Suggests that, while quality systems and the measurement of quality in higher education are much discussed, there has been little focus on what quality organizations are actually like to work in. Quality systems generate a quality culture and this is what is at the heart of successful quality organizations. Examines organizational culture and indicates the main features of successful quality cultures appropriate to higher education. It links these with quality values and beliefs. These are expressed in terms of rites and rituals, myths and legends within the organization. Readers are invited to consider their own organizational culture by working through a specially designed exercise. They are asked how rewards and recognition can be made relevant to a quality culture and what will happen if some parts of HE fail to adopt a quality ethos in keeping with the values of higher education.

Details

Quality Assurance in Education, vol. 1 no. 2
Type: Research Article
ISSN: 0968-4883

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Article
Publication date: 1 February 1991

Om P. Kharbanda and Ernest A. Stallworthy

The concept of company culture is now playingan ever‐increasing role in the continuing endeavourto work towards ever better companymanagement, particularly in the…

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2517

Abstract

The concept of company culture is now playing an ever‐increasing role in the continuing endeavour to work towards ever better company management, particularly in the industrial field. This monograph reviews the history and development of both national and company cultures, and then goes on to demonstrate the significance of a culture to proper company management. Well‐managed companies will have both a “quality culture” and a “safety culture” as well as a cultural history. However, it has to be recognised that the company culture is subject to change, and effecting this can be very difficult. Of the many national cultures, that of Japan is considered to be the most effective, as is demonstrated by the present dominance of Japan on the industrial scene. Many industrialised nations now seek to emulate the Japanese style of management, but it is not possible to copy or acquire Japan′s cultural heritage. The text is illustrated by a large number of practical examples from real life, illustrating the way in which the company culture works and can be used by management to improve company performance.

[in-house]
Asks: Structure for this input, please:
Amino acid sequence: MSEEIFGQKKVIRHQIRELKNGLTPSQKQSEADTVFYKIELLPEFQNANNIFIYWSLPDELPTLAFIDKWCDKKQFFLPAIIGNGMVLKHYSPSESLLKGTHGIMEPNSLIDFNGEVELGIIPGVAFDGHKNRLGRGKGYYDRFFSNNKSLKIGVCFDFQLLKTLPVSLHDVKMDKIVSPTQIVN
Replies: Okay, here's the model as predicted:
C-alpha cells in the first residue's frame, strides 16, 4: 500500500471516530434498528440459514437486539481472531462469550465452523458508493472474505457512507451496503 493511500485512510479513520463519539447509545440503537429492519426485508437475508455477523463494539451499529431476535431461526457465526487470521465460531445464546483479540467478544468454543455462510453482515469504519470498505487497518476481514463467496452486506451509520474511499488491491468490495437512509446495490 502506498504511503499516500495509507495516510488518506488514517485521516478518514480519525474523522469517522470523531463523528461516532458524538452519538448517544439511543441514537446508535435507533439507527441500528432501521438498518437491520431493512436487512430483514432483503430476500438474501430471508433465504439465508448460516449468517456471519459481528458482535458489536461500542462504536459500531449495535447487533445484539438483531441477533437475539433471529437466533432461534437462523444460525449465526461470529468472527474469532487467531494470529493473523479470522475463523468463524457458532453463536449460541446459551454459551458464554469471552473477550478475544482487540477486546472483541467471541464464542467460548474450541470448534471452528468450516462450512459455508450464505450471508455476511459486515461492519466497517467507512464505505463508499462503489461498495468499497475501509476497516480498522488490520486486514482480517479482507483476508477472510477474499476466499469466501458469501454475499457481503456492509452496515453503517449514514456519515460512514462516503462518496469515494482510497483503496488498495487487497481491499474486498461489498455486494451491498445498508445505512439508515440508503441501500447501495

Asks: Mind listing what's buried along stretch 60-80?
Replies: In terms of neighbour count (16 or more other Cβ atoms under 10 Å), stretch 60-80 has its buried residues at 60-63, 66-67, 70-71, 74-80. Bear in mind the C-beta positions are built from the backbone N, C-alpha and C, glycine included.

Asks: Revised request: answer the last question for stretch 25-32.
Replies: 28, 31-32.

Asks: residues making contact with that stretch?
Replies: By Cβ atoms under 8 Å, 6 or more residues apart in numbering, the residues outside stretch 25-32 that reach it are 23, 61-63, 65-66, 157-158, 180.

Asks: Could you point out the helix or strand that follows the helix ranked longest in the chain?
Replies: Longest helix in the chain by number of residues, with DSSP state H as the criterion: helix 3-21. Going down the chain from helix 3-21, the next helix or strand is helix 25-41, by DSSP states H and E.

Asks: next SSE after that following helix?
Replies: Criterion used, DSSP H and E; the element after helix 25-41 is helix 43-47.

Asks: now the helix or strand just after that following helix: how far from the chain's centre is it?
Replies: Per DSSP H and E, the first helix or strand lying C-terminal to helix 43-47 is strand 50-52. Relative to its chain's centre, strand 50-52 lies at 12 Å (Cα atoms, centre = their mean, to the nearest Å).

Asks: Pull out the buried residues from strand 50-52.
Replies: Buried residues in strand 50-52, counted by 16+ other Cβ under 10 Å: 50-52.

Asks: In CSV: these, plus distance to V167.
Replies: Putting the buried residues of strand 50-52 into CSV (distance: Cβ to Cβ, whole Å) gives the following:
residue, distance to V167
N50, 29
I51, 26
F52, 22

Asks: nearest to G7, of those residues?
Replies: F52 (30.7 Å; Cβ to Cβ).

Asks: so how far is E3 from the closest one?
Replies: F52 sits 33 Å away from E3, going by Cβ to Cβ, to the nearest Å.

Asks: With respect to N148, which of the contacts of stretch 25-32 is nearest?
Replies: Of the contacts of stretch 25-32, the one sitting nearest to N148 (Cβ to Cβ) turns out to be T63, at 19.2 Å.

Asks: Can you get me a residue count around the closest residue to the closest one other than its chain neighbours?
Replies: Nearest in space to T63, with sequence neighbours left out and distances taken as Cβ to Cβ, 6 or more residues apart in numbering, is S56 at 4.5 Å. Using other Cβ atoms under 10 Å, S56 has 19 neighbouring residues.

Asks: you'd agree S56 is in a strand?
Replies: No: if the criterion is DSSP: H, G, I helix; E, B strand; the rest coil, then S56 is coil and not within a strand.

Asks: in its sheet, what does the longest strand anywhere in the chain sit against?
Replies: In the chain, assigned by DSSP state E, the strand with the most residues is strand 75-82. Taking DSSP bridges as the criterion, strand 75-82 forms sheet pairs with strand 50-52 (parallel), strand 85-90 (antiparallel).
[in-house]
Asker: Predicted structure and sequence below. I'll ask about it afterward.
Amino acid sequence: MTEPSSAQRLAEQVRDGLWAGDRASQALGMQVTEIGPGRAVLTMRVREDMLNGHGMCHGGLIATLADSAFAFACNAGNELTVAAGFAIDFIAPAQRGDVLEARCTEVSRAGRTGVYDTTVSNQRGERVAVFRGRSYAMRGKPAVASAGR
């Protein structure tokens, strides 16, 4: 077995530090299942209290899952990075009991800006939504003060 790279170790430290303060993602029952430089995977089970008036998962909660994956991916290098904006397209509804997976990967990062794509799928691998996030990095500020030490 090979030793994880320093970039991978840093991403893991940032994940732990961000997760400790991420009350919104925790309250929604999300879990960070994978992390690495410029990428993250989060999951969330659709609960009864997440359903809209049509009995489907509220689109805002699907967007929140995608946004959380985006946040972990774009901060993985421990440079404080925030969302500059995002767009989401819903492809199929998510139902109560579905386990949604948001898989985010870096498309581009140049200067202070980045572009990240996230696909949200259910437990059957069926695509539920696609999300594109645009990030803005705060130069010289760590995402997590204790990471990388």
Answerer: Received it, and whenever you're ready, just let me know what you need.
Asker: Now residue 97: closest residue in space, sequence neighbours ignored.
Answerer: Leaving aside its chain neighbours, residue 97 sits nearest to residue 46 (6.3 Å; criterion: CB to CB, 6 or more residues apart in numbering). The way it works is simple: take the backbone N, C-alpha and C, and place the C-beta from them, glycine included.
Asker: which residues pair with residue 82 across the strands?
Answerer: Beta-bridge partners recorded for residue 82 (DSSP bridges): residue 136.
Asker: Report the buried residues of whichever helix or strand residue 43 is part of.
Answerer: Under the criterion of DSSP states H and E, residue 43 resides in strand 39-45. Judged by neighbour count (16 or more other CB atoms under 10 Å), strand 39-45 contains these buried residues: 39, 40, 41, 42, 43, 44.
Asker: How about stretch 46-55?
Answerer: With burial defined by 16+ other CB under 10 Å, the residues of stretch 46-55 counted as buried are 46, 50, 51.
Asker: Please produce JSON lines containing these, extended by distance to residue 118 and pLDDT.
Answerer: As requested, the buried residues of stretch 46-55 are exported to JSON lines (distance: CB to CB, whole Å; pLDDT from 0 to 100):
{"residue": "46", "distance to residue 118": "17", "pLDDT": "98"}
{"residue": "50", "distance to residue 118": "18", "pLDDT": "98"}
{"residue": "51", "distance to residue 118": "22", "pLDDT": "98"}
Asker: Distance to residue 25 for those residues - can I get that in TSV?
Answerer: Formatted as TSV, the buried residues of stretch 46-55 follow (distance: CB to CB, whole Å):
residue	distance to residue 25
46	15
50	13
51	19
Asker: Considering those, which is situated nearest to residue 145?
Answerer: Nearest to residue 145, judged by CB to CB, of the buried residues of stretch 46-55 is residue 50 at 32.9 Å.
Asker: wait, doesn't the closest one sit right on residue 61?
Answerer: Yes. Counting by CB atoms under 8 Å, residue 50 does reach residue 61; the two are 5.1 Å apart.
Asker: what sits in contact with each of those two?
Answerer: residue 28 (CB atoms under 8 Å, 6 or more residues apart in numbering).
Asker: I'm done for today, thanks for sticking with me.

Details

Industrial Management & Data Systems, vol. 91 no. 2
Type: Research Article
ISSN: 0263-5577

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Article
Publication date: 1 February 2000

Lawrence M. Corbett and Kate N. Rastrick

For many years culture has been claimed as an important component of organizational success in general and TQM and quality improvement in particular. This study examined…

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6147

Abstract